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Wednesday, 16 April 1980
Page: 1508

Senator CHANEY (Western AustraliaMinister for Aboriginal Affairs and Minister Assisting the Minister for National Development and Energy) - I would like to thank Senator McClelland and the other senators who spoke in support of the Pipeline Construction (Dalton to Canberra) Bill. As 1 have had the occasion to observe the debate on other Bills, it is those Bills which have the unanimous support of the Senate which seem to draw forth the greatest heat and passion. I shall address myself to a couple of the points which have been raised by speakers in the context of this debate, although perhaps not in the sense of matters which are directly relevant to the legislation before the House.

First of all, Senator McClelland expressed concern about the position of Bathurst, Orange and Lithgow and he has pleaded with the Government for support for the extension of laterals which will enable greater use of natural gas in New South Wales. My colleague Senator Baume, who spoke on the Bill, addressed himself to the Government's actions in this area and to the wish of the Government to do that. With respect to those specific places mentioned by Senator McClelland my advice is that the councils of those towns and the Australian Gas Light Co. have not yet made a submission to the Government with respect to laterals, although it is expected that there will be proposals in the near future. The Pipeline Authority is currently working with those councils and with the Australian Gas Light Co. to develop proposals. These are matters which are in hand.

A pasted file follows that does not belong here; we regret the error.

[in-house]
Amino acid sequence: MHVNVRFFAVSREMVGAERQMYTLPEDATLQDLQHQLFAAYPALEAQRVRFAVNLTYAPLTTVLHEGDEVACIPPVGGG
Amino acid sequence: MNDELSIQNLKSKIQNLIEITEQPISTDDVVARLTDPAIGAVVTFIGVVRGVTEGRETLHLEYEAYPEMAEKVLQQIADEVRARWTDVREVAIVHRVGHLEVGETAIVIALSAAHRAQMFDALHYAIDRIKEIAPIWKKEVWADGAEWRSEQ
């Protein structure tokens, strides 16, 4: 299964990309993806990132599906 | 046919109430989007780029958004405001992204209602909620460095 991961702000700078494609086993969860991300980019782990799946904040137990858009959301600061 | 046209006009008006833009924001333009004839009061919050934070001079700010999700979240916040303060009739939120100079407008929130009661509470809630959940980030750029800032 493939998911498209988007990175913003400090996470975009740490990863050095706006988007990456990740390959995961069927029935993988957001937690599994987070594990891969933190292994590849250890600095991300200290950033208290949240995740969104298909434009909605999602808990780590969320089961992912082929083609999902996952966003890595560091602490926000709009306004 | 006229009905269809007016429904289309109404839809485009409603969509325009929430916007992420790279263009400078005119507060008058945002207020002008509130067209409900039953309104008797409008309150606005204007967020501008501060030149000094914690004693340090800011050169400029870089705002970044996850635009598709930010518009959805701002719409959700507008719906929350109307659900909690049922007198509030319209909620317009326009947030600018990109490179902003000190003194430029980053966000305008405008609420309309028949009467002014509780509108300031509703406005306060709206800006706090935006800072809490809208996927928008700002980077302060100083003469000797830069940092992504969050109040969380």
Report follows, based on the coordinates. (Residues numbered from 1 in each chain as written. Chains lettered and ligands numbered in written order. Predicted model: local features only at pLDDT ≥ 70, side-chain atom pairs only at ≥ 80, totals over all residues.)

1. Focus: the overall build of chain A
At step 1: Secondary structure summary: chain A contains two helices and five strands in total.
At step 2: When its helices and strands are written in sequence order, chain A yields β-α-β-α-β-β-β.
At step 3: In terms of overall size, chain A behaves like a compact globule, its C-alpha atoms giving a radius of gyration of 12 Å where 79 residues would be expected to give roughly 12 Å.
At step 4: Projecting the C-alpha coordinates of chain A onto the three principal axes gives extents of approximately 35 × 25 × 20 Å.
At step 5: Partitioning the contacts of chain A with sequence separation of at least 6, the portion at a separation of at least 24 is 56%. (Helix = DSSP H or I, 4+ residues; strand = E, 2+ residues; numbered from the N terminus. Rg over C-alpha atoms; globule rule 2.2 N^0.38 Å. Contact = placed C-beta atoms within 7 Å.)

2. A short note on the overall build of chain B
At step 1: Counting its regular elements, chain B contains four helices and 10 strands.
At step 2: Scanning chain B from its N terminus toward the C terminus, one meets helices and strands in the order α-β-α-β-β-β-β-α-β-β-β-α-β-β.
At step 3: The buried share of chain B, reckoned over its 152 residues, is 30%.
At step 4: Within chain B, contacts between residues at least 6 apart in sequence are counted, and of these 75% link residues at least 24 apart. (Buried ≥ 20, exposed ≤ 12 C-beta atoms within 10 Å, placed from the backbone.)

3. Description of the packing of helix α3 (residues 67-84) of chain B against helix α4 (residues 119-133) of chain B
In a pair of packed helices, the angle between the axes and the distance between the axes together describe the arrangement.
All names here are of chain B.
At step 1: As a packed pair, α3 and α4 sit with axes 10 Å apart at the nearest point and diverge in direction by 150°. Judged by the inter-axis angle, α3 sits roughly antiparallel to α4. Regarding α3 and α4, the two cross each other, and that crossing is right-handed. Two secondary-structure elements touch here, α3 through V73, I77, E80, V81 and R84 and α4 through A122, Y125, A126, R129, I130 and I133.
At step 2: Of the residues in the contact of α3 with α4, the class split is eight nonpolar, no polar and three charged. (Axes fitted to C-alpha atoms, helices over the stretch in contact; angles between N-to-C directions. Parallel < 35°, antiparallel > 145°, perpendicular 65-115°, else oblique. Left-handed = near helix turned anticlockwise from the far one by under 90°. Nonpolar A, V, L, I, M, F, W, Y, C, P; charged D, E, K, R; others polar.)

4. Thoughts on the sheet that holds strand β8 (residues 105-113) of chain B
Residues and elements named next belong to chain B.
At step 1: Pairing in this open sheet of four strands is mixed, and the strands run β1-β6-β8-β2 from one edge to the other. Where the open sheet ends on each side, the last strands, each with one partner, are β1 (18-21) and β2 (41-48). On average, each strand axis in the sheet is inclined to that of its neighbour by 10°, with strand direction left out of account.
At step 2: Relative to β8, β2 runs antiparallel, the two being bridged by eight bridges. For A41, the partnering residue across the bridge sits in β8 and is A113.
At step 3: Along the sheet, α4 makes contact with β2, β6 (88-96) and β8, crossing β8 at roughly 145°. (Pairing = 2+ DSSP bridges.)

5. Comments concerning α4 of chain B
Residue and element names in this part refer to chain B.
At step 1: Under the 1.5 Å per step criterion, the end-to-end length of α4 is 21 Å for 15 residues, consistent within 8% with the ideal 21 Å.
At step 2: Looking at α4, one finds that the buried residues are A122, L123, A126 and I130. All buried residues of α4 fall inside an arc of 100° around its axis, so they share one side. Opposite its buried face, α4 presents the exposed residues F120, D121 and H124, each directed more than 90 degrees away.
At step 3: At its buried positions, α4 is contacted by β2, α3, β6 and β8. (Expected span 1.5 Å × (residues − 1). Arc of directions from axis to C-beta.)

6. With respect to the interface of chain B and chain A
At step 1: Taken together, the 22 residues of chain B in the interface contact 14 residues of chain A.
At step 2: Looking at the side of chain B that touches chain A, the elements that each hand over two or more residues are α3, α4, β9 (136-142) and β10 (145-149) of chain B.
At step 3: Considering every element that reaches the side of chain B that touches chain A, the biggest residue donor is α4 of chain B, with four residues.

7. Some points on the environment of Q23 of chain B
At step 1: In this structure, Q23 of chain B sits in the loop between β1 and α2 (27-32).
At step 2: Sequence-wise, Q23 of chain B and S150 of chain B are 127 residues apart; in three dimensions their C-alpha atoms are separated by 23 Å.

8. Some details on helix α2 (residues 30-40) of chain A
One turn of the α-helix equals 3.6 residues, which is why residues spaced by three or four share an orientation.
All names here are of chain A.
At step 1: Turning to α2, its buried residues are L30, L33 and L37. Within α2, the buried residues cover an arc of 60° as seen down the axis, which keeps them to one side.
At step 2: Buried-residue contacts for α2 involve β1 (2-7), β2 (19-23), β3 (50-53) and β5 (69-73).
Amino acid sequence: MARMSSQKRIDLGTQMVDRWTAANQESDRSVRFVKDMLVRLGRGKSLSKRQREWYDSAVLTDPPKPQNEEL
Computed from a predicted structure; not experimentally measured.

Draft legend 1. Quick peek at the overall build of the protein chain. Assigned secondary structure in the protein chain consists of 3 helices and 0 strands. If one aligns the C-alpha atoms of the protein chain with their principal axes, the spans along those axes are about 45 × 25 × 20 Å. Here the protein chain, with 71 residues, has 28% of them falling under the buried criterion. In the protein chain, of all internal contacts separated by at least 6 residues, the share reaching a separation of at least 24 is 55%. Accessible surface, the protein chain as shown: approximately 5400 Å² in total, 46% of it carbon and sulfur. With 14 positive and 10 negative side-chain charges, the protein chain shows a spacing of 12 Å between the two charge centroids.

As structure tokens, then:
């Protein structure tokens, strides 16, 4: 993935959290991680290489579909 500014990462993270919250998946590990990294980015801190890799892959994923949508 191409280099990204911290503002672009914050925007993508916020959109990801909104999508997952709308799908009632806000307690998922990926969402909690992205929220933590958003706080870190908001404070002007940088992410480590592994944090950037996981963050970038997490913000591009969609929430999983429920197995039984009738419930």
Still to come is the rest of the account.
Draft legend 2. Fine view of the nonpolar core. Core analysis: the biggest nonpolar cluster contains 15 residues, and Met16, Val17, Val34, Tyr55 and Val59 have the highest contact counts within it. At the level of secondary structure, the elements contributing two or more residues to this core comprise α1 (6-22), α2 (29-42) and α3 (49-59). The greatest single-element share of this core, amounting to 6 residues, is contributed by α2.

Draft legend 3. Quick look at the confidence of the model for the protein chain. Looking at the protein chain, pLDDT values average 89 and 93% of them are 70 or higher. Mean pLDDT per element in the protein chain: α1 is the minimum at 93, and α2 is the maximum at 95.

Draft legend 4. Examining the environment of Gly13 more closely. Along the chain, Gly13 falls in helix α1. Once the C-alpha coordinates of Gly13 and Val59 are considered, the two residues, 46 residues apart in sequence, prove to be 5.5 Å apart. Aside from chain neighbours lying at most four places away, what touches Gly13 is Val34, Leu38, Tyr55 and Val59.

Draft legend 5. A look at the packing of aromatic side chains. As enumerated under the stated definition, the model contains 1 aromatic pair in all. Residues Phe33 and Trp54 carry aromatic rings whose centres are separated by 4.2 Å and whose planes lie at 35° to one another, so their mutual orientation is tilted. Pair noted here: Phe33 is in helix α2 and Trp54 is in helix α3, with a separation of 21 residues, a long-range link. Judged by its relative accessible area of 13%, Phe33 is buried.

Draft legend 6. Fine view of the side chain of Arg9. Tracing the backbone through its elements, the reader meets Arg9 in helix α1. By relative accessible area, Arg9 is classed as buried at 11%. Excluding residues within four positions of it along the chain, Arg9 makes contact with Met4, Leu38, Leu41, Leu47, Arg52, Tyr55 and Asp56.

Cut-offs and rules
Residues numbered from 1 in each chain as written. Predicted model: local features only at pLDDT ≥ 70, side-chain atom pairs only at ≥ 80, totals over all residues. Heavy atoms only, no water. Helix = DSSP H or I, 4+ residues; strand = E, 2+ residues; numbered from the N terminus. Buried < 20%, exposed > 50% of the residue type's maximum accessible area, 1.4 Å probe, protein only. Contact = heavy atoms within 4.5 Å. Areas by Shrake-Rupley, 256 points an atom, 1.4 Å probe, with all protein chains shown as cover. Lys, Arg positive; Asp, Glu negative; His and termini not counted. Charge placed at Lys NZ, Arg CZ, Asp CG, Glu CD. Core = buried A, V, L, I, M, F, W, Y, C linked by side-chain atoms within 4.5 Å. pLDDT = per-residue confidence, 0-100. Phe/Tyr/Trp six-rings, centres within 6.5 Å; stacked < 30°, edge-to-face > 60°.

Senator McClellandalso made a number of comments about the pricing of liquefied petroleum gas which, of course, is very relevant to such centres until natural gas is available. He referred to the recent announcements of the Minister for National Development and Energy (Senator Carrick), which I would have thought would have been warmly welcomed by those people who, until natural gas is available, will continue to use LPG for domestic and other purposes. What was announced by Senator Carrick on 8 April involves a reduction in price for all users of LPG. The price of propane and butane has been reduced to a common maximum price of $205 a tonne, which is a reduction of about 20 per cent for propane and about 30 per cent for butane. That new price arrangement, together with the $80 a tonne subsidy, means an effective price for household usage of $ 1 25 a tonne, which is a reduction of $ 127 a tonne on the price level for propane determined by the PJT in January 1980. So very significant adjustments have been made to the price of propane and butane for household usage.

These are matters which are no doubt welcomed by Senator McClelland and all senators who spoke. The subsidy which was originally announced for household usage is to be extended to include usage by non-profit residential types of institutions and schools, but not for general commercial and industrial users who will benefit from the general price reduction to which I referred. There has been a great deal of Government activity in this area to meet, the needs of consumers of LPG and to advance the usage of natural gas to enable LPG to be used for those purposes for which natural gas is not suitable and for which LPG is suitable in common with petroleum.

Senator Walsh,who led for the Opposition, raised a matter about the leasing arrangements which will apply to the line which is to be authorised by this Bill. My advice is that the haulage contract will be negotiated between the Pipeline Authority and the Australian Gas Light Company. The terms and conditions are still to be determined. There has been considerable debate on this measure, which, as all speakers have indicated, has the unanimous support of the Senate. I commend the Bill to the Senate for a speedy passage.

Question resolved in the affirmative.

Bill read a second time, and passed through its remaining stages without amendment or debate.

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